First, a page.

There are clear work efficiency, cost, and compatibility advantages to be gained when an SOP is integrated with a Decision Support System like Mission Control from Genetec, but there are other benefits as well. In particular, they allow your organization to measure impact and learn from your own experience.

Universities, airports, law enforcement, medical centers and cities all use SOPs to respond to unplanned events and emergency situations. For these organizations and others, SOPs help mitigate the risks associated with poor decisionmaking in high stress situations by giving security personnel clear procedures to follow based on an organization’s processes.

Using SOPs, organizations can anticipate and prepare for unplanned events with cooler heads to gain greater control over any situation. They allow organizations to address common incidents or threats by helping them to define a response management strategy and contingency plans in advance. Based on an organization’s operational environment, users can create incident categories, the multi-layered rules that trigger them, and the automated system response.

In the aftermath, most organizations use SOPs to review their procedures and responses with the goal of managing the next incident with greater understanding and efficiency. Because they are working with clear documentation, they can use exact criteria to evaluate their successes and determine where they can change. The result of this evaluation frequently leads to improvements to responses that are then reflected in an updated SOP, a process which is made much easier when an organization is working within their security platform.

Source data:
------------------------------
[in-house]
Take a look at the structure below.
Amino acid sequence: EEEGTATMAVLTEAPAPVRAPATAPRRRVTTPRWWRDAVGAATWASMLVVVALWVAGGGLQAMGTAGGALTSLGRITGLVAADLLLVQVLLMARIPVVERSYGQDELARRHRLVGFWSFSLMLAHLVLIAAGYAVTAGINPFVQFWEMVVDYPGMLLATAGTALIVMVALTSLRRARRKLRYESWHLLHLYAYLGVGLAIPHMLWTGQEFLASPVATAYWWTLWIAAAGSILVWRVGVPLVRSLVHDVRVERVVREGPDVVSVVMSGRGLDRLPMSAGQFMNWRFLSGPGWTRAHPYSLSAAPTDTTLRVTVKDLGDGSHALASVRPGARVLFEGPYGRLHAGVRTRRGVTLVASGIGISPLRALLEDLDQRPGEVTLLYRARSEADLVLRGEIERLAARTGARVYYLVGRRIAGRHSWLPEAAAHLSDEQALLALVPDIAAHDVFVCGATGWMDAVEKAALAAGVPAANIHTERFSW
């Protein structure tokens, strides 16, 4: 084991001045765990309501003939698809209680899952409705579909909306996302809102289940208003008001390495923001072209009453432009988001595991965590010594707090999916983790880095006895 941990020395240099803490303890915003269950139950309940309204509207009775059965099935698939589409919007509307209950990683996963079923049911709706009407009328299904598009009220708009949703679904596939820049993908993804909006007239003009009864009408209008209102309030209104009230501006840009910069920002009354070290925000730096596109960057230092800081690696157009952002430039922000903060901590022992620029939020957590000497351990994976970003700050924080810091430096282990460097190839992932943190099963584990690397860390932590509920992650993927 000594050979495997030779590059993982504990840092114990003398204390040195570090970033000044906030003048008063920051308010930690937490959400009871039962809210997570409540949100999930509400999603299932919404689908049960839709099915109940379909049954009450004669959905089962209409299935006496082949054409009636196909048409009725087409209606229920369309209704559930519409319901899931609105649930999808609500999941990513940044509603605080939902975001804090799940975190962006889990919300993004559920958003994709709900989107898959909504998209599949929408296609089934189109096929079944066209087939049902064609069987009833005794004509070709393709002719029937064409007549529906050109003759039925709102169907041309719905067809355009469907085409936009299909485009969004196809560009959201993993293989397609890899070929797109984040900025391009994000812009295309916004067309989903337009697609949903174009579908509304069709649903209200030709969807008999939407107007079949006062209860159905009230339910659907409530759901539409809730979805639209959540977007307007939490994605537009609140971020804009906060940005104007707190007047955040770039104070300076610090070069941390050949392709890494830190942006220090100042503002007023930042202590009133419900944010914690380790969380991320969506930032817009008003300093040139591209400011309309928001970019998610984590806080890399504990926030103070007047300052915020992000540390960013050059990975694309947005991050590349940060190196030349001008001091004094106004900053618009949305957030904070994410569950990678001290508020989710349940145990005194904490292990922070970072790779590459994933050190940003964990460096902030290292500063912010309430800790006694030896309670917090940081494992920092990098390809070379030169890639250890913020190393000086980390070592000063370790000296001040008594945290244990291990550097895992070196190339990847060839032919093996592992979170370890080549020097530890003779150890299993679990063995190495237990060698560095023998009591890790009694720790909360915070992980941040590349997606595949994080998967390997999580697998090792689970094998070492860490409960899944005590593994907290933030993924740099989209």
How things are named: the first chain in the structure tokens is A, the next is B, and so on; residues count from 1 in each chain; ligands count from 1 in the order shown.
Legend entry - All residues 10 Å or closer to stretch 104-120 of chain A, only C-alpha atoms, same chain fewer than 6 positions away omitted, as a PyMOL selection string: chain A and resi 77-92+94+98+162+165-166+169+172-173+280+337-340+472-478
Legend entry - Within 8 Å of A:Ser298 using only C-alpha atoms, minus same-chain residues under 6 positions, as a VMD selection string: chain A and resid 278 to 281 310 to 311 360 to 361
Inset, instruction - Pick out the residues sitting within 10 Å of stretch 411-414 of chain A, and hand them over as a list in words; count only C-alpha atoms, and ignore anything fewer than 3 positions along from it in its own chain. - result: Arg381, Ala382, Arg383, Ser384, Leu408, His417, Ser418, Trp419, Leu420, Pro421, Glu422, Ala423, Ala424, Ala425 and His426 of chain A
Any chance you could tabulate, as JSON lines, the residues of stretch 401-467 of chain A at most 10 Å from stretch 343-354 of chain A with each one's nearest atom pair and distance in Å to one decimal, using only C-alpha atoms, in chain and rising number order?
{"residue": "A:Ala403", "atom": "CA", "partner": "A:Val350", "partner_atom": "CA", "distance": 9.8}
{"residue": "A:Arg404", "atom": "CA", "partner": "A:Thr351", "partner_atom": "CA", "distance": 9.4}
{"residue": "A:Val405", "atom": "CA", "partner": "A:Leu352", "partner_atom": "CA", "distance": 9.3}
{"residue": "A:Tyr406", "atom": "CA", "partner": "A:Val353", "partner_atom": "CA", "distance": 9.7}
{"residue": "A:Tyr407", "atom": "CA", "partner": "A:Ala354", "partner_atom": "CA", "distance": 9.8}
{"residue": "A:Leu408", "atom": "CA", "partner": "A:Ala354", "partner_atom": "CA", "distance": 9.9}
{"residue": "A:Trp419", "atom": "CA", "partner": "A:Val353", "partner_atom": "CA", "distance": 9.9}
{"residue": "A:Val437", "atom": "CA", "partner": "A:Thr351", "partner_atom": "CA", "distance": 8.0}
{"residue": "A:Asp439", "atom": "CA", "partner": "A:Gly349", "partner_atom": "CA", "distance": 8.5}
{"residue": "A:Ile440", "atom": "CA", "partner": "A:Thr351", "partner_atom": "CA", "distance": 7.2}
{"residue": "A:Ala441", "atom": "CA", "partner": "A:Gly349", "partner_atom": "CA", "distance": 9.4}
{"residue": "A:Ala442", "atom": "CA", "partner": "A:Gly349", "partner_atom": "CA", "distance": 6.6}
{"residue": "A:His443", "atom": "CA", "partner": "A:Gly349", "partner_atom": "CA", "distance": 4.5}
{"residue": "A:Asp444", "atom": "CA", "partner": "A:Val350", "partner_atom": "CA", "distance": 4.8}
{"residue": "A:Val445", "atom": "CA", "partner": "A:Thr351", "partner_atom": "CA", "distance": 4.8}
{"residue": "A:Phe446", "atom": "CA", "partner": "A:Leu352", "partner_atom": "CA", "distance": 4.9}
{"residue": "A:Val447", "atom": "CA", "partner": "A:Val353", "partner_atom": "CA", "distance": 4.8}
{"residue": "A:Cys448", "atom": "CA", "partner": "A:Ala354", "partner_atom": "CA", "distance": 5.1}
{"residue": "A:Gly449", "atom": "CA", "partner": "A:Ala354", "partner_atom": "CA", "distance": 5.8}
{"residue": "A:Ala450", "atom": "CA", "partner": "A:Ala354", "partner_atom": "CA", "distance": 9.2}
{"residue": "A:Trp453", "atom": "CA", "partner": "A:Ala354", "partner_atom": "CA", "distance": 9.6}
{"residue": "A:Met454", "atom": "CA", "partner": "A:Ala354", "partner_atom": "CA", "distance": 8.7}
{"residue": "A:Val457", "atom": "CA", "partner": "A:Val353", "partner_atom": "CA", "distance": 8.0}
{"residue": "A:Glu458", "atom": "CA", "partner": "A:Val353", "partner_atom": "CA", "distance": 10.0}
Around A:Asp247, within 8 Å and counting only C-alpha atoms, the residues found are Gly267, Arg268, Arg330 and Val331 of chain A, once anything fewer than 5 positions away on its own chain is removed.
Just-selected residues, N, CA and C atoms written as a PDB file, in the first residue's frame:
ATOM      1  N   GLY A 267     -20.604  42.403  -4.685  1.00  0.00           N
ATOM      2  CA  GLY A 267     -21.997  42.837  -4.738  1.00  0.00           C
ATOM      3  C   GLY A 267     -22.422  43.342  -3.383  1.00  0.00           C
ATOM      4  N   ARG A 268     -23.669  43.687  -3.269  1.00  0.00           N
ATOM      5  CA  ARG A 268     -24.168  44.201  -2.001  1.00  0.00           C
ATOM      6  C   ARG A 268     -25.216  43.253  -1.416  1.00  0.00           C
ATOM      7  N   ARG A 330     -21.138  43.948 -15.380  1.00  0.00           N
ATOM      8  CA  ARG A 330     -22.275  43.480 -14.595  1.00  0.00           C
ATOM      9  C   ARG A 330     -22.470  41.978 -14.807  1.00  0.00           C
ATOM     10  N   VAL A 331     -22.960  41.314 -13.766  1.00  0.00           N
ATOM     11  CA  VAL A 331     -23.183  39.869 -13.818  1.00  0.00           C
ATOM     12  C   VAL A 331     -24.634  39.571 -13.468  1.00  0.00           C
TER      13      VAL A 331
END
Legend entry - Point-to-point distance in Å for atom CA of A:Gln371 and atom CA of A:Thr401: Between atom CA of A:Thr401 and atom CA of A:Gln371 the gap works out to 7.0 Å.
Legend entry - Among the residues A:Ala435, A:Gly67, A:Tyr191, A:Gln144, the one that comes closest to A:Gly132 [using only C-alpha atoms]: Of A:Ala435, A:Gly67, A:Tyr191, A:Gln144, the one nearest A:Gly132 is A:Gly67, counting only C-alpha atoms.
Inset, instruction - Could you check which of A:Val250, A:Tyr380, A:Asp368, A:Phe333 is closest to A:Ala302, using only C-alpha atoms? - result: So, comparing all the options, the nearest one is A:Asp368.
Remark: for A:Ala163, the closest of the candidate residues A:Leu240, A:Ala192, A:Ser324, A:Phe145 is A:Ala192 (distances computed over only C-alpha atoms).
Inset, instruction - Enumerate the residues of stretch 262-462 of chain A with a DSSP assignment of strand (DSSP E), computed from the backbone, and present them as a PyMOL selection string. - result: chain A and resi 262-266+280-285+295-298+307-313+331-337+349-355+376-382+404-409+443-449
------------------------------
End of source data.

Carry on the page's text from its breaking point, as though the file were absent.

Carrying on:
But SOPs can also address more than safety. Being able to provide a clear level of accountability for your environment can be very powerful. With the data collected through your automated SOPs, you can affect and improve your daily operations.

Consider the following question: In your organization, do you really know how long it takes to replace a broken camera within your facility? The process is fairly straightforward. A trigger— whether it’s from the camera itself, the system it’s connected to or a person reporting the outage— is signaled. An investigation occurs, and then the appropriate party or parties take action to fix the problem. Do you know or can you find out how long this takes?

With an automated SOP integrated into your security platform, not only can you establish the clear procedures to fix the camera, you can also measure the efficiency of the process. In this way, you can begin to think about the next question: When was the last time you made a noticeable impact on that length of time?

When you understand the steps and can track the length of time it takes, you can begin to investigate ways to make procedures more efficient. It is considerably easier to make changes at any level in an organization when you can quantify results and accurately predict outcomes.

Ultimately, the ability to understand data to, in a sense, predict the future is what a Decision Support System is all about. Its goal is to provide security personnel with tools and information to help them make the best decisions in everyday and extraordinary situations. Automated standardized operating procedures are an important part of this solution.

This article originally appeared in the January 2017 issue of Security Today.